It's hard to discern any particular economic ideology or many meaningful policy changes he's implementing in other areas of government. While I feel like I could give a summary of Cameronism, Mayism, Johnsonism and Trussism, I feel like I have no idea what Sunakism is.

So is the grass just greener on the other side, or is Rishi Sunak actually even worse than Liz Truss?

First things first, the poll you linked to only shows how popular Sunak is amongst voters who voted for Boris in 2019, rather than the actual wider UK electorate (although I'm certainly not arguing he's polling well generally). Therefore, it's worth baring in mind that the position of the Reform Party is currently very different to in 2019 when they didn't contest conservative seats, and the polling firm in the article even say that it's Reform that are causing the cratering in numbers. This begs the question that if Sunak moved more to the right, sure maybe he'd get more of these voters that he's recently lost, but generally shifting even further away from the centre is at odds with success in General Elections so it's a bit of a "damned if you do, damned if you don't" situation where the main problem isn't necessarily the PM in question, voters are just generally sick of the Conservatives, even if they're not big fans of Labour.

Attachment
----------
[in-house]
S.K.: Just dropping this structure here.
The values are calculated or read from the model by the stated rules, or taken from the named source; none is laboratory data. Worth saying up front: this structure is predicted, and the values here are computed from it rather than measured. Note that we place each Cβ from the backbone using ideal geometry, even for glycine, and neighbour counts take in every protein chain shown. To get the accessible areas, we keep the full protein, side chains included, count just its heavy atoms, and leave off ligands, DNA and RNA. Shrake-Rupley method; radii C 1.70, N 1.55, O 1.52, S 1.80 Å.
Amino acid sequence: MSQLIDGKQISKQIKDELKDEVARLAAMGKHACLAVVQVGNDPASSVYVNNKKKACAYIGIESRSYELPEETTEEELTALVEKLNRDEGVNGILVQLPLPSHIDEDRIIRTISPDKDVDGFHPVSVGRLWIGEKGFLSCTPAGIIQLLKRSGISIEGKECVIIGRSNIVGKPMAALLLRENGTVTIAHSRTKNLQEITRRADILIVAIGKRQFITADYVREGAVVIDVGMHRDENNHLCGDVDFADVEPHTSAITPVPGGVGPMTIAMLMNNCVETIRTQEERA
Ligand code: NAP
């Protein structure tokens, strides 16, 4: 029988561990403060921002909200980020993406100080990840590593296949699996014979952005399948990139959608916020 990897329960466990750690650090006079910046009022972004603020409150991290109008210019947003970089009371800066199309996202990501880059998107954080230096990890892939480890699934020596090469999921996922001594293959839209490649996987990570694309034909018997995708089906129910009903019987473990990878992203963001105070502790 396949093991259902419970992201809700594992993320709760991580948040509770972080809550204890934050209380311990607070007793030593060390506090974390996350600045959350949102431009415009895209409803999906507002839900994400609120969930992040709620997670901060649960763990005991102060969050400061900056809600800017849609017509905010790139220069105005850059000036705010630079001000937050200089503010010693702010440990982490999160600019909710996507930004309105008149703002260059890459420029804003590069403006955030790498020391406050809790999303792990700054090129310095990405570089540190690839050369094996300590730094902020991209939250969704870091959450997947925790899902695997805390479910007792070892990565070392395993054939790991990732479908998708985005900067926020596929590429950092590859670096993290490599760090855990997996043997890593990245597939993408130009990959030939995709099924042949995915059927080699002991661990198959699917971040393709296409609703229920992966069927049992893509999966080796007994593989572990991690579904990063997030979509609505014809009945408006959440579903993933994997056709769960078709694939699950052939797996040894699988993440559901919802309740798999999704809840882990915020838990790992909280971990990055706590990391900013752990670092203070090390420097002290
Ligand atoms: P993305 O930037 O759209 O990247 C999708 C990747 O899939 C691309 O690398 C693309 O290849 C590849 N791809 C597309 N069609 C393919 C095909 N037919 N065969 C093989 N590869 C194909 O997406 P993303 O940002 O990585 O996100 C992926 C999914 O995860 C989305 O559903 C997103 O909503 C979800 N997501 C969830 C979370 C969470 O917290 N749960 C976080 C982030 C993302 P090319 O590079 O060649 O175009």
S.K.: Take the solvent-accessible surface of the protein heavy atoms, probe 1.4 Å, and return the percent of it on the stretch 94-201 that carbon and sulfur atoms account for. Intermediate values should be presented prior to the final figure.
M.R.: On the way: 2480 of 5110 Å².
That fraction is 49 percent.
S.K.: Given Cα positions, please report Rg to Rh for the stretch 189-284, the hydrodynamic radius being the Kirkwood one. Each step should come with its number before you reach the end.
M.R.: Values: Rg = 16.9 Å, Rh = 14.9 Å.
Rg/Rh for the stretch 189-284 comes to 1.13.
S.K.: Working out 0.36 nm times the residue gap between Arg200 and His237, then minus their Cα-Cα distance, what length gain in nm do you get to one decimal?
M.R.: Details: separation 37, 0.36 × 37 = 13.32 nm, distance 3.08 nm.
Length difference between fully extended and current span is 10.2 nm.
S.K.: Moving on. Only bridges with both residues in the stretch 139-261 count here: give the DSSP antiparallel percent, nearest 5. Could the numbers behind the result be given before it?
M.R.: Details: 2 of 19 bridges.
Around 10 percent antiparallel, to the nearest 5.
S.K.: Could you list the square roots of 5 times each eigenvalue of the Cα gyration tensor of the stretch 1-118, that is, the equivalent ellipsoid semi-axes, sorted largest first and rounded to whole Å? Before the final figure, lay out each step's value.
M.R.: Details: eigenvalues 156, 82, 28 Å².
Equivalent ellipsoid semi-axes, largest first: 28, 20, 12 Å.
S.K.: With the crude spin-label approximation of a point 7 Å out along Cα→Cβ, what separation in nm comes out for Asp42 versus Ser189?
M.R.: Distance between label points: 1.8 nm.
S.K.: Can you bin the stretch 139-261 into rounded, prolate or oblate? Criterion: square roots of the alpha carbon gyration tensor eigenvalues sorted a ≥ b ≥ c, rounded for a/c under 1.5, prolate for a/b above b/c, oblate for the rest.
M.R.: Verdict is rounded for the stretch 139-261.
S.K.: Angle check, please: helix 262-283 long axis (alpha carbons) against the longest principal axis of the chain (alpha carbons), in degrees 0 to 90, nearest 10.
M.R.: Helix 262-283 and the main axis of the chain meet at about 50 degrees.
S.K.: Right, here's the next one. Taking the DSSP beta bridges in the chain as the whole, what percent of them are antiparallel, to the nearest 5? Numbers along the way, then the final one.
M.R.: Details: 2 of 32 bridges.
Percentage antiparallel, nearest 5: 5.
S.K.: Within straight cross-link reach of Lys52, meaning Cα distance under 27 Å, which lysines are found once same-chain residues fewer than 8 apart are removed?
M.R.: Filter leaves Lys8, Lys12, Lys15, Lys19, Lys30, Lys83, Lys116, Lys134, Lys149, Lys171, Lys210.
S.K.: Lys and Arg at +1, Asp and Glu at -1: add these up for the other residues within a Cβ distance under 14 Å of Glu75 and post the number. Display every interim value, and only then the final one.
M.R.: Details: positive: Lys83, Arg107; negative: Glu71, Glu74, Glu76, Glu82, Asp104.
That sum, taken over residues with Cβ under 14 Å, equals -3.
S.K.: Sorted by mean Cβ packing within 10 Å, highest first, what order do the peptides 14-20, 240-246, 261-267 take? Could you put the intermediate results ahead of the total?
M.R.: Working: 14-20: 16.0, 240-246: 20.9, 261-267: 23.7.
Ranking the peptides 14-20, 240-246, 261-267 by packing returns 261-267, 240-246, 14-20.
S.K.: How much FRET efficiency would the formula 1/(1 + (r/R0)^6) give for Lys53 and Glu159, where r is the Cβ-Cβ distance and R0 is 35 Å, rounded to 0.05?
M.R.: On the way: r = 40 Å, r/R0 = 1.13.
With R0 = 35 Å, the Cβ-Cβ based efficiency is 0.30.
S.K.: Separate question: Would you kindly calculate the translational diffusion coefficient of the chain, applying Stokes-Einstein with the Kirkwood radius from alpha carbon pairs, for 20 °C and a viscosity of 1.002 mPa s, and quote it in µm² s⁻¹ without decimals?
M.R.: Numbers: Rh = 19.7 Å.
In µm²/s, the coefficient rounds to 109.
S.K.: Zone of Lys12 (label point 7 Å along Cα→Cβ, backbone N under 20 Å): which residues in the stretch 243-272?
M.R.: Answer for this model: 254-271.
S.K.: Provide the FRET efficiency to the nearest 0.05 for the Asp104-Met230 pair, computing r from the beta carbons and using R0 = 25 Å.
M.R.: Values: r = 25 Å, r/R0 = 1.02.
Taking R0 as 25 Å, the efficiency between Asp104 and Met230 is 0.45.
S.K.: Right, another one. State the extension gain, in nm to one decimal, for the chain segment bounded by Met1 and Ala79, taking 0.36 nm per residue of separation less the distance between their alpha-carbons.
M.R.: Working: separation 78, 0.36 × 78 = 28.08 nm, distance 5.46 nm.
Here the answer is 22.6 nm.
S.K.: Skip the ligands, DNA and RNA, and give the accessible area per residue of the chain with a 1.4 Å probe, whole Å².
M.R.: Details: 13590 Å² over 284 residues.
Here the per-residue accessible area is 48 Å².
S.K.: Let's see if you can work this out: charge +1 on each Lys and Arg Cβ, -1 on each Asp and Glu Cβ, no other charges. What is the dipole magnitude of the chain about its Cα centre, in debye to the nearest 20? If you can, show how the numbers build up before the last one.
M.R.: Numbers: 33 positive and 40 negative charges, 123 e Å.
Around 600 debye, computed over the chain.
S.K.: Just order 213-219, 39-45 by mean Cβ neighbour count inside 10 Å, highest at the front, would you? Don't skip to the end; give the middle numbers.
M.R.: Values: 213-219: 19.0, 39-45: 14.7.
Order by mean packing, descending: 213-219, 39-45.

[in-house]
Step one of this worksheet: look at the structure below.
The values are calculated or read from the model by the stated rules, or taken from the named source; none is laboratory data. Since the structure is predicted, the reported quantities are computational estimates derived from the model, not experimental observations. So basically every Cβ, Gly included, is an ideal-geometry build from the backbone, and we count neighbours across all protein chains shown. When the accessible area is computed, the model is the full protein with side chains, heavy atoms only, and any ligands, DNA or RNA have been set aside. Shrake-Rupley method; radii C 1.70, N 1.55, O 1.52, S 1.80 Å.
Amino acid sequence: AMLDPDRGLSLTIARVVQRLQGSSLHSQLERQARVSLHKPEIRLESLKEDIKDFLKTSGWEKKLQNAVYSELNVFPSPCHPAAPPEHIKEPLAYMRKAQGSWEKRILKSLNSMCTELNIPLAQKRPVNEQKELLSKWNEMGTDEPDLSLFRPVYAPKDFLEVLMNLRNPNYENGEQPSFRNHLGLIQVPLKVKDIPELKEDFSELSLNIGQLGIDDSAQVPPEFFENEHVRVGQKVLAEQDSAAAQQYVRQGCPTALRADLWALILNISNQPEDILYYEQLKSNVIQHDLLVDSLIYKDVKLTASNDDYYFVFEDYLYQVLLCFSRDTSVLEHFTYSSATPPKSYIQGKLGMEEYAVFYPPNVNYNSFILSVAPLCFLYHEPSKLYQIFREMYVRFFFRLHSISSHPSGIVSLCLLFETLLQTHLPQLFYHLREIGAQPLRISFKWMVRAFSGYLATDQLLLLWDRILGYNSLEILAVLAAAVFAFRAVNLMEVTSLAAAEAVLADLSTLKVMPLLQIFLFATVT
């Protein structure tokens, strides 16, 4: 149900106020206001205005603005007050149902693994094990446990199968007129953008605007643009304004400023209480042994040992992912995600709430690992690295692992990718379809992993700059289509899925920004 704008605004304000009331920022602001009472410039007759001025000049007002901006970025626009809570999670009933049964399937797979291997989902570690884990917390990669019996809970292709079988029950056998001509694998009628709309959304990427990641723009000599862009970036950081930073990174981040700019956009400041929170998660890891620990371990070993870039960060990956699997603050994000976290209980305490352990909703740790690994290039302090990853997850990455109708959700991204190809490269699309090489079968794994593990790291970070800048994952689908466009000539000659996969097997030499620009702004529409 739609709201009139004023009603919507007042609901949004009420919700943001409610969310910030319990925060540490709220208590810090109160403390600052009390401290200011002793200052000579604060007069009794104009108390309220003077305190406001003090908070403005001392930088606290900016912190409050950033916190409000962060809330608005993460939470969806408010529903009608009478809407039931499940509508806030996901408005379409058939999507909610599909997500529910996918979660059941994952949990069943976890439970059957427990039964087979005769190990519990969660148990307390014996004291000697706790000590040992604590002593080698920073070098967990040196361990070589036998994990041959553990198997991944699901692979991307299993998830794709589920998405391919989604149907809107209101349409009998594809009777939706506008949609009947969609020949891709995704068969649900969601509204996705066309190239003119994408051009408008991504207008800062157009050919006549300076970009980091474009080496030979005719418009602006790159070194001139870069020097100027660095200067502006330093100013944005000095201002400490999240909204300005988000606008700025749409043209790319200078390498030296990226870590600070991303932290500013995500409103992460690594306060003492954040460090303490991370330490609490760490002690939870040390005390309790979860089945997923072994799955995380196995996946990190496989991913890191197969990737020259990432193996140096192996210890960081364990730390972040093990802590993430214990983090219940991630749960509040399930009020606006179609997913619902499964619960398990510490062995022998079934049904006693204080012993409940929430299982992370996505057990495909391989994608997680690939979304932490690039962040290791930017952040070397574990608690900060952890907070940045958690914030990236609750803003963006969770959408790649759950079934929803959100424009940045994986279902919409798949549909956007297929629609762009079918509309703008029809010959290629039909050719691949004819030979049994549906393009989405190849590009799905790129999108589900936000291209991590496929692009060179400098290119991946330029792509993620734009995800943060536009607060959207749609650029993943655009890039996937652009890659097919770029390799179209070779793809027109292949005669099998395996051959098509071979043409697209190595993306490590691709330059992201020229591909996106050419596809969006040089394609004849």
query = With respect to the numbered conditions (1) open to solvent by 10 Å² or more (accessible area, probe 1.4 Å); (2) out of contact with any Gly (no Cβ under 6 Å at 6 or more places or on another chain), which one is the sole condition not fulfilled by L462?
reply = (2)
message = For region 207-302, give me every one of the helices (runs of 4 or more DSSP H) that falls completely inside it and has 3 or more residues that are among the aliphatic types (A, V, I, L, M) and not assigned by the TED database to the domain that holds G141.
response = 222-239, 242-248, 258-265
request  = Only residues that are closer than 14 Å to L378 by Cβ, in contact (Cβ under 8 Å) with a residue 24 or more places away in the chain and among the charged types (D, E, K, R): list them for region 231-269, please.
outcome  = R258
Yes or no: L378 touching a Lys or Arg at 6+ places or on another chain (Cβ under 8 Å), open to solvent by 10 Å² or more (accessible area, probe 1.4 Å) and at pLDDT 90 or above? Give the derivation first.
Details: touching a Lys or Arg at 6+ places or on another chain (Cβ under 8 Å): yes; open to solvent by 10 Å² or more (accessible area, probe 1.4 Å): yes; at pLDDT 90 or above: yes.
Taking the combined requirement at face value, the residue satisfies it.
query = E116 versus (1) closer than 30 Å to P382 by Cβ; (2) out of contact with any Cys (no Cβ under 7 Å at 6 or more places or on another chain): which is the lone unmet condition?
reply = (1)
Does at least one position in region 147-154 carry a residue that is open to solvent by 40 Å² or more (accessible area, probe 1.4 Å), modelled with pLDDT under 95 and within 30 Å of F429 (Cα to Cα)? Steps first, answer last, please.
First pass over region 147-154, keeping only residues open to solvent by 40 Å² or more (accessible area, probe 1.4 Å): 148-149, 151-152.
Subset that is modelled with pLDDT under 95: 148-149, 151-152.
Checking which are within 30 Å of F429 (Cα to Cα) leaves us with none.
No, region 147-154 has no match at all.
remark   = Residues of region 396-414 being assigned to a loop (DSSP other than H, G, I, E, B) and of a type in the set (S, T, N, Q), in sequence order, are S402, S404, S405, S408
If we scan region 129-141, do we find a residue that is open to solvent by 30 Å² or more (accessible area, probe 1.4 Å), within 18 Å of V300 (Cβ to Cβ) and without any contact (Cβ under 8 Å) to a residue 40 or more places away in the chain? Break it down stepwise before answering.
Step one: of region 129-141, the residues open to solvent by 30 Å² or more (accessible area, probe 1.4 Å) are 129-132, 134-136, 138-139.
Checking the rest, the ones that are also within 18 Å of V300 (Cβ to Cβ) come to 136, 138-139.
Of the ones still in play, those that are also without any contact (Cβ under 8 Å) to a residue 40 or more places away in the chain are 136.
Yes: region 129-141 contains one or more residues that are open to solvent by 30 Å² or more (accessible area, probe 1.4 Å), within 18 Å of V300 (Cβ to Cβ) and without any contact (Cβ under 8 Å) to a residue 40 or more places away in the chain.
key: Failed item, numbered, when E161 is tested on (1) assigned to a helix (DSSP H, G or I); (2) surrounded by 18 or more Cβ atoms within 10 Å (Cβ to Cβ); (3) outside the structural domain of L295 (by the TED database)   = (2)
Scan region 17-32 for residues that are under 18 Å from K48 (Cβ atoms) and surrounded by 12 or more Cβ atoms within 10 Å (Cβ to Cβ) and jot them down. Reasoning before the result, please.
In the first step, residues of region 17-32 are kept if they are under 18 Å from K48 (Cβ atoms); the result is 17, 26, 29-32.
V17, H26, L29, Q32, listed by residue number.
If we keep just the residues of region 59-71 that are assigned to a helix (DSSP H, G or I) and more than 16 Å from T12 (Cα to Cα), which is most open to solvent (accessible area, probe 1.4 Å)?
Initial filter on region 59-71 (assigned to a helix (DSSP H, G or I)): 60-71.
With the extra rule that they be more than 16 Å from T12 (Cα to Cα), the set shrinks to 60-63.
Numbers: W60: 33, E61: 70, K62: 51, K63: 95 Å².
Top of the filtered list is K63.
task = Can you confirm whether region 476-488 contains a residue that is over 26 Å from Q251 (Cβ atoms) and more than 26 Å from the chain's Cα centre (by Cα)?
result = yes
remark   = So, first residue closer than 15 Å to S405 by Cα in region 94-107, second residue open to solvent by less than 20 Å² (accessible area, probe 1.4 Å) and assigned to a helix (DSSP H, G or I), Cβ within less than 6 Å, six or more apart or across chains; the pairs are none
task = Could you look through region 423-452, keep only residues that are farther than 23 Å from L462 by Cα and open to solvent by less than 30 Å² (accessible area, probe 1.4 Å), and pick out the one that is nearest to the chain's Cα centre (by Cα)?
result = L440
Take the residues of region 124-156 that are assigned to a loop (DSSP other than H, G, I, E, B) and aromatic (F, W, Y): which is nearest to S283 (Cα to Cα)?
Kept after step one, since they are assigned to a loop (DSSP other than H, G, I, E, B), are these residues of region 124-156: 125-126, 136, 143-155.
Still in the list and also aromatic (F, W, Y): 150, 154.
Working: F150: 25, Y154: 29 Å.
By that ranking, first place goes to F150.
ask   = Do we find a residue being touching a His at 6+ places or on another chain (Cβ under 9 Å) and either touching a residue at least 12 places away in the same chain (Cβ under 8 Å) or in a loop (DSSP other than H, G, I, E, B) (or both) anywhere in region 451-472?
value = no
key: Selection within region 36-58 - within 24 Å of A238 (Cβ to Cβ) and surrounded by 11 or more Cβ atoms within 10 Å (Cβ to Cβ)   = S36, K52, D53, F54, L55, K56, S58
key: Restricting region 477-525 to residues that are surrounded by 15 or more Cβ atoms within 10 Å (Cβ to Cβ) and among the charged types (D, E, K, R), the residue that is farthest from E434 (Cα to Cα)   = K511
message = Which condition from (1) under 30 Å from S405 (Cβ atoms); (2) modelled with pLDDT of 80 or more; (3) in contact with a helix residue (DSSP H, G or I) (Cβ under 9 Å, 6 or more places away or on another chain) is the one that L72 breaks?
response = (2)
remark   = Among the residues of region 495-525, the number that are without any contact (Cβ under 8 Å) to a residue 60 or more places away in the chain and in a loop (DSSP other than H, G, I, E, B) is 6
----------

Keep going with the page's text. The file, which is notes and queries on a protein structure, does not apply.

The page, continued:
I think you're being overly generous with how easily the ideology and views of the four PMs prior to Sunak can be defined and summarised, beyond mere political spin. If you look at it through the lens of policy implementation and outcomes, it's pretty hard to define people like May/Boris/Truss/even Cameron to an extent.

Truss spoke about growth and the supply side, then tried to force through irresponsible demand side policies that were never likely to stimulate growth. What was Boris' policy agenda? His tenure was sort of dominated by COVID which makes it tricky to define, but one could point to things like levelling up etc. And while this goal is certainly admirable, there's very little evidence he put meaningful policies in place to achieve this. With May, like with Boris and COVID, her premiership was largely distracted by Brexit deal negotiations and a failed election campaign which prevented significant changes to policymaking elsewhere.

I think it's probably clearer with Cameron and this is partly because he was the longest serving recent conservative PM by a distance. I think most would generally put him under the banner of being a classic neoliberal. There were some progressive policies under him (e.g. same-sex marriage legislation). But again, it's difficult to distinguish his actual ideology from its context which was massive austerity after the GFC and a coalition government for 5/6 years, which is likely to have prevented him from doing quite a lot of what both he and Osborne would have ideally wanted to enact.

Given the UK has generally moved from shock to shock over the past 15yrs (GFC, Brexit, pandemic, energy/cost-of-living), I think it's slightly unfair to not view Sunak under the same contextual lens - i.e. being massively constrained by inheriting a weak political and economic position. I think a fairer view would be that most recent conservative PMs (possibly excluding May who was slightly more principled) have just been populists, thus lurch from one political/economic position to another without any real underlying ideological underpinning, and thus far Sunak has been no different.
(edited 2 months ago)